This August, the OUP Philosophy team honours Sir Karl Raimund Popper (1902–1994) as their Philosopher of the Month. A British (Austrian-born) philosopher, Popper’s considerable reputation comes from his work on the philosophy of science and his political philosophy. Popper is widely regarded as one of the greatest thinkers of the twentieth century.
Born to a middle-class Jewish family in Vienna, Popper studied mathematics, physics, and psychology at the University of Vienna, graduating with a doctorate in psychology in 1928. His first book The Two Fundamental Problems of the Theory of Knowledge was shorted down to become arguably his most famous work and also the first to be published by the philosopher, Logik der Forschung (1934). The Vienna Circle became interested in Popper’s work after this despite it contesting some of their basic concepts. Popper shared their interest in distinguishing between science and other activities, but in contrast to them never supported the idea that non-scientific activities were meaningless. He instead disapproved of pseudo-science, believing that the fundamental feature of a scientific theory is that it should be falsifiable. An example of this pseudo-science which could not be falsified was Freud’s psychoanalytic theory which Popper contrasted with true science from the likes of Einstein.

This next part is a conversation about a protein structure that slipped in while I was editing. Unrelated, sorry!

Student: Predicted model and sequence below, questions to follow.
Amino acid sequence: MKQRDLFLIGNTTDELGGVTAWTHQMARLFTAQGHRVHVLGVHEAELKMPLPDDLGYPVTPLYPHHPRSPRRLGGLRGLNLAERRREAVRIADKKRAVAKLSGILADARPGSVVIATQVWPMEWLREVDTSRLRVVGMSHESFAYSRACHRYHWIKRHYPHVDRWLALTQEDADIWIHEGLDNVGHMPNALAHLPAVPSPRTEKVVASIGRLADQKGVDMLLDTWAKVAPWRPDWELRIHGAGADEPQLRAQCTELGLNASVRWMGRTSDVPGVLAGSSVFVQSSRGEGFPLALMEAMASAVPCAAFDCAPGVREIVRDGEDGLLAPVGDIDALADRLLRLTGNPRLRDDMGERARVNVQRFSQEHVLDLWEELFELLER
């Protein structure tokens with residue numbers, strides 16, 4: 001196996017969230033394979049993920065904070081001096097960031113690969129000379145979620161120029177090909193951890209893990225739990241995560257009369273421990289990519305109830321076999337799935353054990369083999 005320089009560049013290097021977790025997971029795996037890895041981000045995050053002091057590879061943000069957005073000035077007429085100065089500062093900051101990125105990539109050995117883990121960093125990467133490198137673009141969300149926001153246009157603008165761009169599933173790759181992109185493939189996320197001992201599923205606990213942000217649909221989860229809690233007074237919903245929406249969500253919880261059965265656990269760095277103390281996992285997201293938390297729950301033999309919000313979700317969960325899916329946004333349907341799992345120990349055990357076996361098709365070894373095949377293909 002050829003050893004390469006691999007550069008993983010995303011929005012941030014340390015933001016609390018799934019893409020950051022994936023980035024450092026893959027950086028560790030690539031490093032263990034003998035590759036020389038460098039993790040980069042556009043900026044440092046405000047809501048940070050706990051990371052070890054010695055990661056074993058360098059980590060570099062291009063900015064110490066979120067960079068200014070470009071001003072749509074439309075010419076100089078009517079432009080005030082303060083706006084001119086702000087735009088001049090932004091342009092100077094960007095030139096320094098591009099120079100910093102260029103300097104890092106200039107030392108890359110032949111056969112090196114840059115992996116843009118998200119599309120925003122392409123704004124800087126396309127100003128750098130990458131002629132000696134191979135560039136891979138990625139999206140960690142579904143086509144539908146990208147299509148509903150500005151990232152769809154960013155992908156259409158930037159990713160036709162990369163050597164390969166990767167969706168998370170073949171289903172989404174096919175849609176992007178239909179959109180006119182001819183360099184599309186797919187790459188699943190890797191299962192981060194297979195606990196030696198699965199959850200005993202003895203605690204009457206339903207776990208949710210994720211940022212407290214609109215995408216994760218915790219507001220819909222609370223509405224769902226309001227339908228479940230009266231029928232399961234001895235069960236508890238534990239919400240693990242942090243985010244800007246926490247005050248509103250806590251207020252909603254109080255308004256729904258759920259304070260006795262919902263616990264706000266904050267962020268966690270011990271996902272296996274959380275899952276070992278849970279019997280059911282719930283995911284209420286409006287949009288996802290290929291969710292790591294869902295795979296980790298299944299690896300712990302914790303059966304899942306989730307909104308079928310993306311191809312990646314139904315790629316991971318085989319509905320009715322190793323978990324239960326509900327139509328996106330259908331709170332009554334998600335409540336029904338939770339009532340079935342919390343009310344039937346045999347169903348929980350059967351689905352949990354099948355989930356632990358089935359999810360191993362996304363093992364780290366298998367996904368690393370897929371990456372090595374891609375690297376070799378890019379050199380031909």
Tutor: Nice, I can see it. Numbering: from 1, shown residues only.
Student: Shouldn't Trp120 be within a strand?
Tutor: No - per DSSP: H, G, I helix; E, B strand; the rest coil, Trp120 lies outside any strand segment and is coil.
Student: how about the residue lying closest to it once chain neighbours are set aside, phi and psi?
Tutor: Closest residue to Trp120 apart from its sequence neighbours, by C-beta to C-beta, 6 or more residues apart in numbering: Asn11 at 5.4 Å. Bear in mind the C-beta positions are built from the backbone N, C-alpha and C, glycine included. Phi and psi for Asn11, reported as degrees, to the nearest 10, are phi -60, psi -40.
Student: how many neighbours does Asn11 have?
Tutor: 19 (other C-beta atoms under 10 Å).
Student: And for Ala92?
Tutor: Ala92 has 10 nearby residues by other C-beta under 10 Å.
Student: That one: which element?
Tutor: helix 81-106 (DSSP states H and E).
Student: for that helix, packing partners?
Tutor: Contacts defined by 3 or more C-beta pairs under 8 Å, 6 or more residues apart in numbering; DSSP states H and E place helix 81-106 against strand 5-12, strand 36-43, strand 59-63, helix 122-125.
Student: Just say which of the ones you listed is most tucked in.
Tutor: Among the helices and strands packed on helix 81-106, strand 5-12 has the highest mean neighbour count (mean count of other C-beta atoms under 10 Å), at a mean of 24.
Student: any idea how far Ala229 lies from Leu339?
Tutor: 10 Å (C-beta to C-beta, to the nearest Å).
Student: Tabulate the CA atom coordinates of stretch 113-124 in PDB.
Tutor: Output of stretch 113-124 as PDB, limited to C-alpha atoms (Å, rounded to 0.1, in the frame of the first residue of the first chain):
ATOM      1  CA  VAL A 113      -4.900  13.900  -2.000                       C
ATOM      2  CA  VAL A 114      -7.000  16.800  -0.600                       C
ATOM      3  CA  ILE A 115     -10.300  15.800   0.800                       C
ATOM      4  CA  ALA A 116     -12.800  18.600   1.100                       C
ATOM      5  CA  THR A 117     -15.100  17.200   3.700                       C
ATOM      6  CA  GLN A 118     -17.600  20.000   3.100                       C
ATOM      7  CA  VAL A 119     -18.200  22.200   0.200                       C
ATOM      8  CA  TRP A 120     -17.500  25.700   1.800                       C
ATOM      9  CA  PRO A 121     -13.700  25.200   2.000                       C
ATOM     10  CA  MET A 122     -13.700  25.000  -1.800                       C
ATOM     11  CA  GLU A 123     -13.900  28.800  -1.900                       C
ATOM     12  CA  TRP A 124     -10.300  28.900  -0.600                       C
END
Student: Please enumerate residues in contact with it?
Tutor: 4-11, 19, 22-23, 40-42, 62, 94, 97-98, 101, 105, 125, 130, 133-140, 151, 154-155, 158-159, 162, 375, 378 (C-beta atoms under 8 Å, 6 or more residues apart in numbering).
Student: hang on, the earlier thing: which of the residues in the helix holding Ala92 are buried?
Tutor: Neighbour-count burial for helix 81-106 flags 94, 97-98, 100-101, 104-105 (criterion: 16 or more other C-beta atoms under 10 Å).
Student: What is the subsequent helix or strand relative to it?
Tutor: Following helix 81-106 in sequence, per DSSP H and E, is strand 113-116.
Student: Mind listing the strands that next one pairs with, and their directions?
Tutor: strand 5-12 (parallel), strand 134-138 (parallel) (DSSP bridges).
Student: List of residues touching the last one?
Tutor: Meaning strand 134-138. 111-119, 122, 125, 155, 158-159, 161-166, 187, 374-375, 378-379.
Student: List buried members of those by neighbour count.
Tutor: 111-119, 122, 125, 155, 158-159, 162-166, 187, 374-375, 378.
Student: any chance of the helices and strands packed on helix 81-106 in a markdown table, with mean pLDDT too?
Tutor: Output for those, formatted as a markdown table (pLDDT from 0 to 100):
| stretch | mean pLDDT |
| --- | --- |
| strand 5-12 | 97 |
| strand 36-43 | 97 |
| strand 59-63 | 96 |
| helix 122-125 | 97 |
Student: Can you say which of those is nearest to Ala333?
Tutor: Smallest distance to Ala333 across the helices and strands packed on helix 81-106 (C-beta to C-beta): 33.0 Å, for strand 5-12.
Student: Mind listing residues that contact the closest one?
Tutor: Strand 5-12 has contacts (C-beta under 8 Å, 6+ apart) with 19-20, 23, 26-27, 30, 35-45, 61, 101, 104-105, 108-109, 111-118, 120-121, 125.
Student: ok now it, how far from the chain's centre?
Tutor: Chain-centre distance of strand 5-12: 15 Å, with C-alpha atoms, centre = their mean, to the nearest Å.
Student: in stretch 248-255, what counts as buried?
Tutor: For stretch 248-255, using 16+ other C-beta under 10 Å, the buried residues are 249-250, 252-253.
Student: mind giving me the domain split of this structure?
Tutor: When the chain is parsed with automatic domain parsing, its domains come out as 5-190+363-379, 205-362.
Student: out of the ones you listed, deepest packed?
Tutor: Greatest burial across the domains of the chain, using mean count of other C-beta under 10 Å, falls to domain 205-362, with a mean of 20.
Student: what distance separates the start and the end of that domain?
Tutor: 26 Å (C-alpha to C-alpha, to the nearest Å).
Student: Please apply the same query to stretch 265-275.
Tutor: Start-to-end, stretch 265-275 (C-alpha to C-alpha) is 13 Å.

Aware of the Nazi threat to Jews, Popper emigrated to New Zealand in 1937 to take up a lectureship at Canterbury University. Popper stayed in New Zealand until after the war and went on to publish Open Society and Its Enemies in 1945. This attacked historicism in political philosophy, blaming the works of Plato, Marx, and Hegel for the events of World War II. With the help of his friend Friedrich August von Hayek, Popper obtained a readership at the London School of Economics in 1946. Popper spent the rest of his life in Britain and during this time was made a fellow of both the Royal Society and the British Academy, a Membre de I’Institute de France, and was knighted by Queen Elizabeth II in 1965. He spent the latter half of his life placing his theory of error-seeking in both science and politics within a generalized theory of evolution and also went on to translate Logik der Forschung to English himself, publishing it as The Logic of Scientific Discovery in 1959. Popper retired from the London School of Economics in 1969, but continued publishing work up until his death in 1994.
For more on Popper’s life and work, browse our interactive timeline below:
Featured image credit: Panorama Vienna, Austria. Photo by Michal Jarmoluk. Public domain via Pixabay.